More women are taking antipsychotics during pregnancy than ever before. But there hasn’t been as much information about safety as doctors would like to have. One big study looking at antipsychotic use in early pregnancy suggests that they don’t generally lead to more birth defects. The study found a small increase in risk with risperidone, but more study is needed to be sure. If you’re taking risperidone and are worried about birth defects, ask your doctor if you could take a different medicine instead.

What About Gestational Diabetes?

Antipsychotic medicines you take for schizophrenia can make you more likely to gain weight and get diabetes. If you are overweight or have diabetes, talk to your doctor about how to manage it and stay healthy during pregnancy.

Some women get diabetes during pregnancy. It’s called gestational diabetes. Some studies suggest antipsychotic medicine makes gestational diabetes more likely. But women with schizophrenia also may be more prone to diabetes and gestational diabetes even without taking medicine. Talk to your doctor about these risks and how to manage them.

Schizophrenia and Pregnancy Complications

The evidence on pregnancy when you have schizophrenia is limited. The data that is available suggests that women with schizophrenia more often do have pregnancy complications when compared to other women. These include:

Women with schizophrenia also have more trouble when they give birth, including:

  • Stillbirths
  • Medical abortions
  • C-sections

Babies born to mothers with schizophrenia also are more likely to be born too early. They may be smaller or weigh less than average. But keep in mind that this data includes many women who had unplanned pregnancies. Some of them weren’t getting any psychiatric care, while others were in a psychiatric hospital. That means that they likely didn’t consult a doctor ahead of time or get the care they needed before, during, or after pregnancy. Many people with schizophrenia also have other health conditions that may increase the risk for pregnancy complications.

With all this in mind, if you want to have a baby, make sure you have the support you’ll need from loved ones. See your doctor and psychiatrist to help you with the decision, and talk through any factors you need to consider. Work with them to make a plan to ensure you’ll get all the care you’ll need along the way.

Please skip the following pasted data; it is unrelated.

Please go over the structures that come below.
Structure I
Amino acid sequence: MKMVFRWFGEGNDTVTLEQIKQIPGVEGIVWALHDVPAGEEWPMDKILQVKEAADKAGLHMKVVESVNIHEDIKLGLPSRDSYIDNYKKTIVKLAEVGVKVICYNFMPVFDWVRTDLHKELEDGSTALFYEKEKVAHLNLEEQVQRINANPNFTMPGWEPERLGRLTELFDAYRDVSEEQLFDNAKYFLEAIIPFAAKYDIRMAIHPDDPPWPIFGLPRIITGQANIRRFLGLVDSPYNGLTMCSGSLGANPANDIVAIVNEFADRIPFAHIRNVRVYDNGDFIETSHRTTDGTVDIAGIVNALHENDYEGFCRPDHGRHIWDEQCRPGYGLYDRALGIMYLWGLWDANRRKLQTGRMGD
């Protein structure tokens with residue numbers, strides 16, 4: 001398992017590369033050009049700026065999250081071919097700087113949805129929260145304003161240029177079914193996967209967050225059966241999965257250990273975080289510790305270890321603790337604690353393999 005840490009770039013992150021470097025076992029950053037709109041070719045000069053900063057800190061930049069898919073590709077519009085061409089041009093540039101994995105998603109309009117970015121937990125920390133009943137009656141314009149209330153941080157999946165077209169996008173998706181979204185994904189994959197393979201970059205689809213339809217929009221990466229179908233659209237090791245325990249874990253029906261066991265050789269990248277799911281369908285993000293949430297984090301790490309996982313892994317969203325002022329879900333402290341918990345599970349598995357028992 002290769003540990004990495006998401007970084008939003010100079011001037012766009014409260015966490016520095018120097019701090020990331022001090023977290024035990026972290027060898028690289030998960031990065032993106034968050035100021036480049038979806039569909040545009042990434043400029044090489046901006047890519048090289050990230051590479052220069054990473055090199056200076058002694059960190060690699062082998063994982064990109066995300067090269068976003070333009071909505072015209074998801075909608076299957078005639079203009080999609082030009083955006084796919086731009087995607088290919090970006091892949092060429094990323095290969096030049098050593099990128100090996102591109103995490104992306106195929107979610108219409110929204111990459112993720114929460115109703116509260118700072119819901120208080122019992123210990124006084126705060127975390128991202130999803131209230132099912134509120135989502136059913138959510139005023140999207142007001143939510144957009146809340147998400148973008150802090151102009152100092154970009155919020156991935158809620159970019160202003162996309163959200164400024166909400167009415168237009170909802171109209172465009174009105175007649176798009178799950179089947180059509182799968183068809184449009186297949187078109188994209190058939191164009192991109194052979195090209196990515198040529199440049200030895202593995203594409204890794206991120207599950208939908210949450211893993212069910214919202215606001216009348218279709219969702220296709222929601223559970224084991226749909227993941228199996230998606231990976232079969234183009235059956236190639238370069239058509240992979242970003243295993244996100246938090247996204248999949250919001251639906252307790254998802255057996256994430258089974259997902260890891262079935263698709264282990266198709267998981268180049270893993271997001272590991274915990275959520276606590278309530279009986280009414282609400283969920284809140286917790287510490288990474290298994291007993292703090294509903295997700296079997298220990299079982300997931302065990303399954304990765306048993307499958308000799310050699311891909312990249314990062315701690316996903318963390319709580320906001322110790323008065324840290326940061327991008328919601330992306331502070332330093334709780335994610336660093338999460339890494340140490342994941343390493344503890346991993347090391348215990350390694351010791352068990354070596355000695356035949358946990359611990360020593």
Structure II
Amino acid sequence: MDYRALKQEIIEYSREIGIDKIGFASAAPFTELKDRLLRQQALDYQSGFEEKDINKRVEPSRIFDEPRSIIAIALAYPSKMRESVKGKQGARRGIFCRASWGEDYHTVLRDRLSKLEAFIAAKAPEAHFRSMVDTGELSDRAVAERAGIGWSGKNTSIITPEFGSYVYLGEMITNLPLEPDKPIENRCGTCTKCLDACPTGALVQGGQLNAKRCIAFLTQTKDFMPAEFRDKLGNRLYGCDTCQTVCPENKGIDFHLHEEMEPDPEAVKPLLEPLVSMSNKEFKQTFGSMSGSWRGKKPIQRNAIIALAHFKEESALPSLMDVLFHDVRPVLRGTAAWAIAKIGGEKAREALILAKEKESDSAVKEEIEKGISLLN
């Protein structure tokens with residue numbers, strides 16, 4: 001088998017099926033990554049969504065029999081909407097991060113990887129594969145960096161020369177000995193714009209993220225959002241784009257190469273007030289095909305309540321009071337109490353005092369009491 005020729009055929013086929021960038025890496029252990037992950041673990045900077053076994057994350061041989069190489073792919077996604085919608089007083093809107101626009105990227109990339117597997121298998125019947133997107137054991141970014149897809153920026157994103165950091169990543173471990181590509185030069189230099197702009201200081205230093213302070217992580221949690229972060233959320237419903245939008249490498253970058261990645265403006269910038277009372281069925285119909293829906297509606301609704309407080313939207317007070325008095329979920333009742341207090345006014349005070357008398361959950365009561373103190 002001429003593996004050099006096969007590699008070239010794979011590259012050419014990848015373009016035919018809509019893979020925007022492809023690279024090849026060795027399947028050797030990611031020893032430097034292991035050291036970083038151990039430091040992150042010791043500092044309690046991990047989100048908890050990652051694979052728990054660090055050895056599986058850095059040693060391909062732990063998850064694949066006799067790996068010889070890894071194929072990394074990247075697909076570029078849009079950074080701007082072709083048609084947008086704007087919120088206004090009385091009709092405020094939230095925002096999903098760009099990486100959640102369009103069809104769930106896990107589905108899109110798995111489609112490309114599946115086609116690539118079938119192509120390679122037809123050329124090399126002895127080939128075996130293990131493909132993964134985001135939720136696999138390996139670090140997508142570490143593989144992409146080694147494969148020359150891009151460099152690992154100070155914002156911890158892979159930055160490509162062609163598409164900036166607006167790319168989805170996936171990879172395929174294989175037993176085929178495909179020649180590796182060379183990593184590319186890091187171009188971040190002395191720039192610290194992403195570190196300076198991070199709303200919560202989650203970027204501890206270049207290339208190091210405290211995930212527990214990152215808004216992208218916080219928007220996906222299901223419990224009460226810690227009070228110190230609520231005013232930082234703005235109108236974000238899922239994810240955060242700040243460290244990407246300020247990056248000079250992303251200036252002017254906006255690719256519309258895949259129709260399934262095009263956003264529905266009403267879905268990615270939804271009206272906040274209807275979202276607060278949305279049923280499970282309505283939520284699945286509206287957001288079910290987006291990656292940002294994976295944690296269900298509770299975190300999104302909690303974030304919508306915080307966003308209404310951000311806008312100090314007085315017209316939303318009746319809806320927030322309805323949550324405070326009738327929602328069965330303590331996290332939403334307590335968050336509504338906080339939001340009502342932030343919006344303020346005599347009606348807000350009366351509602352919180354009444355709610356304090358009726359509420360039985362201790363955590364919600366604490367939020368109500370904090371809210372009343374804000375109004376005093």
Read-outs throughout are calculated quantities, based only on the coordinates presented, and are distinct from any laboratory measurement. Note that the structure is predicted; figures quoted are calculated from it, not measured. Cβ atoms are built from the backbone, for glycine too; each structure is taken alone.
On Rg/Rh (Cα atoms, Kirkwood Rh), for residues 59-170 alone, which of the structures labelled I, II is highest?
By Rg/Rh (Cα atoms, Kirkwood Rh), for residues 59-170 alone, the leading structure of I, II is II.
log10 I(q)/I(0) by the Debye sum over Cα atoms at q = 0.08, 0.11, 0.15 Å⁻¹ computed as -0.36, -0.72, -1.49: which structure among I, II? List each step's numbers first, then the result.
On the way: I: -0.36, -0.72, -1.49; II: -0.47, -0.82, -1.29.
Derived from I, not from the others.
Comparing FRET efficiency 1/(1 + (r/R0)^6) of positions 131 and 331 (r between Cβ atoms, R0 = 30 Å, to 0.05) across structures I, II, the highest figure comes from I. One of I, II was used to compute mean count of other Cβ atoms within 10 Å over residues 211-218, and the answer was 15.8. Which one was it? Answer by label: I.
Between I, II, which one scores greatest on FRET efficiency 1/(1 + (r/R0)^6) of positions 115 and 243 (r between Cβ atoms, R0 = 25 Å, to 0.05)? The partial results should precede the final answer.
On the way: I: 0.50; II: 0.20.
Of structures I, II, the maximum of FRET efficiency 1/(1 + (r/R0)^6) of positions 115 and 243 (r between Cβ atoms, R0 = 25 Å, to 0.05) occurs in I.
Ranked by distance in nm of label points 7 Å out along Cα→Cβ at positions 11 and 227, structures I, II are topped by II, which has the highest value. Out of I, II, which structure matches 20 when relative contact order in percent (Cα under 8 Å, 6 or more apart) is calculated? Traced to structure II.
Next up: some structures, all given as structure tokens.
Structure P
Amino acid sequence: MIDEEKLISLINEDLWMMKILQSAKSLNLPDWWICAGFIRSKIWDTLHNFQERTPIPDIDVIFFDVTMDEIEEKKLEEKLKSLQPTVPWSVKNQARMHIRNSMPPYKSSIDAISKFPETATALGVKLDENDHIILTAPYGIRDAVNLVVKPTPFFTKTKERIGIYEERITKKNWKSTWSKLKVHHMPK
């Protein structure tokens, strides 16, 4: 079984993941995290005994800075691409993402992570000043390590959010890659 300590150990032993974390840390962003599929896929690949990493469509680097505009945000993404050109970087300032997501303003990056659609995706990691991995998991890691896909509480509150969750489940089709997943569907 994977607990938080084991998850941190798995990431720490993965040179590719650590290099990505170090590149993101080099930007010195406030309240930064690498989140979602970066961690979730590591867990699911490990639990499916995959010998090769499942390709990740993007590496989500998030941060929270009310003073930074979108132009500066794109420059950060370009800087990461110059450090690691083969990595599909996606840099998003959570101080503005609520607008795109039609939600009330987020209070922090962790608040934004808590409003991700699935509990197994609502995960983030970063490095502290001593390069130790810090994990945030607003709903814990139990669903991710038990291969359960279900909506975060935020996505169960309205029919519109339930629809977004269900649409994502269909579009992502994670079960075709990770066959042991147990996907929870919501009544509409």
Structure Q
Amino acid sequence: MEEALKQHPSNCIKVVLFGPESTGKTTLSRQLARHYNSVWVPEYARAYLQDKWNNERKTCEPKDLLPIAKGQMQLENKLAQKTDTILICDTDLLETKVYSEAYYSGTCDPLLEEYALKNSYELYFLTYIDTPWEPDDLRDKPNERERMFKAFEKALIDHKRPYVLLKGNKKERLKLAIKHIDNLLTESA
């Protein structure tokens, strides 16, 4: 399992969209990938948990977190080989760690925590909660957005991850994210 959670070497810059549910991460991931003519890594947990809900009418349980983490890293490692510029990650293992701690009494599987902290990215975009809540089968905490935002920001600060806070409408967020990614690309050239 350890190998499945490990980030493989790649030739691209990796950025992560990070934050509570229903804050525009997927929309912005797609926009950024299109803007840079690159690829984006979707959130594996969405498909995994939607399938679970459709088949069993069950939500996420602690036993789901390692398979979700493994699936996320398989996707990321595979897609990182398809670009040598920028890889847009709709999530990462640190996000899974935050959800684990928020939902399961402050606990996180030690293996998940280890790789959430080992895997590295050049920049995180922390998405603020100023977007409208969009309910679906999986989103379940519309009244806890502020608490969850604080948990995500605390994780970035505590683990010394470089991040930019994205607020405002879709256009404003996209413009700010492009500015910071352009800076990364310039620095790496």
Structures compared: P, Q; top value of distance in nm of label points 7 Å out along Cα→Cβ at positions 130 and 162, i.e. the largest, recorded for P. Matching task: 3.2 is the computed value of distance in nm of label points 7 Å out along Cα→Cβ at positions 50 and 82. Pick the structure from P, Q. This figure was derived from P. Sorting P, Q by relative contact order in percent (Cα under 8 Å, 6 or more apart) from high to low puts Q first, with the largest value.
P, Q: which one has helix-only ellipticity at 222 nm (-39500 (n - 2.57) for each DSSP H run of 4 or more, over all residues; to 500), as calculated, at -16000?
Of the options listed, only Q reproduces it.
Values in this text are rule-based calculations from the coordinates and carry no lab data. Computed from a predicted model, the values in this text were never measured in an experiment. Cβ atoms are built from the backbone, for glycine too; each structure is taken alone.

Pregnancy and Your Mental Health

Pregnancy often is a happy time. But it also can be hard on your mental health. That’s true even for women who don’t have a mental health condition such as schizophrenia. It’s even more likely that pregnancy will make your mental health worse when you have a mental illness like schizophrenia. That’s especially true if you stop taking your medicine. The chances of a relapse without your medicine are highest if you’ve had serious schizophrenia symptoms or many episodes of illness.

Your doctor or psychiatrist can help you understand how likely it is that pregnancy or changes in your medicine could worsen your schizophrenia. When you’ve had a psychotic illness, you may be at more risk for a condition called postpartum psychosis. It’s a severe mental illness that starts suddenly, soon after you have a baby. It’s most likely to happen if you have schizoaffective disorder, or symptoms of schizophrenia and another disorder such as depression or bipolar disorder. Postpartum psychosis needs emergency psychiatric care.

Talk to your doctor about your risk for making your schizophrenia symptoms worse, or for getting postpartum psychosis – and how to make it less likely. If your doctors think you are at risk, they can get you specialist care during your pregnancy. Whatever you decide to do, keep seeing your doctors for help and support with your mental health and any other health issues you may have.

Show Sources

SOURCES:

Centre of Perinatal Excellence: “Schizophrenia in pregnancy.”

The Lancet Regional Health Europe: “Pregnancy, delivery and neonatal complications in women with schizophrenia: a national population-based cohort study.”

Centers for Disease Control and Prevention: “Planning for Pregnancy.”

NYU Langone: “Medications for Schizophrenia.”

Royal College of Psychiatrists: “Antipsychotics in pregnancy and breastfeeding,” “Mental Health in Pregnancy,” “Postpartum Psychosis.”

JAMA Psychiatry: “Antipsychotic Use in Pregnancy and the Risk for Congenital Malformations.”

Mayo Clinic: “Schizoaffective Disorder.”

National Alliance on Mental Illness: “Schizophrenia.”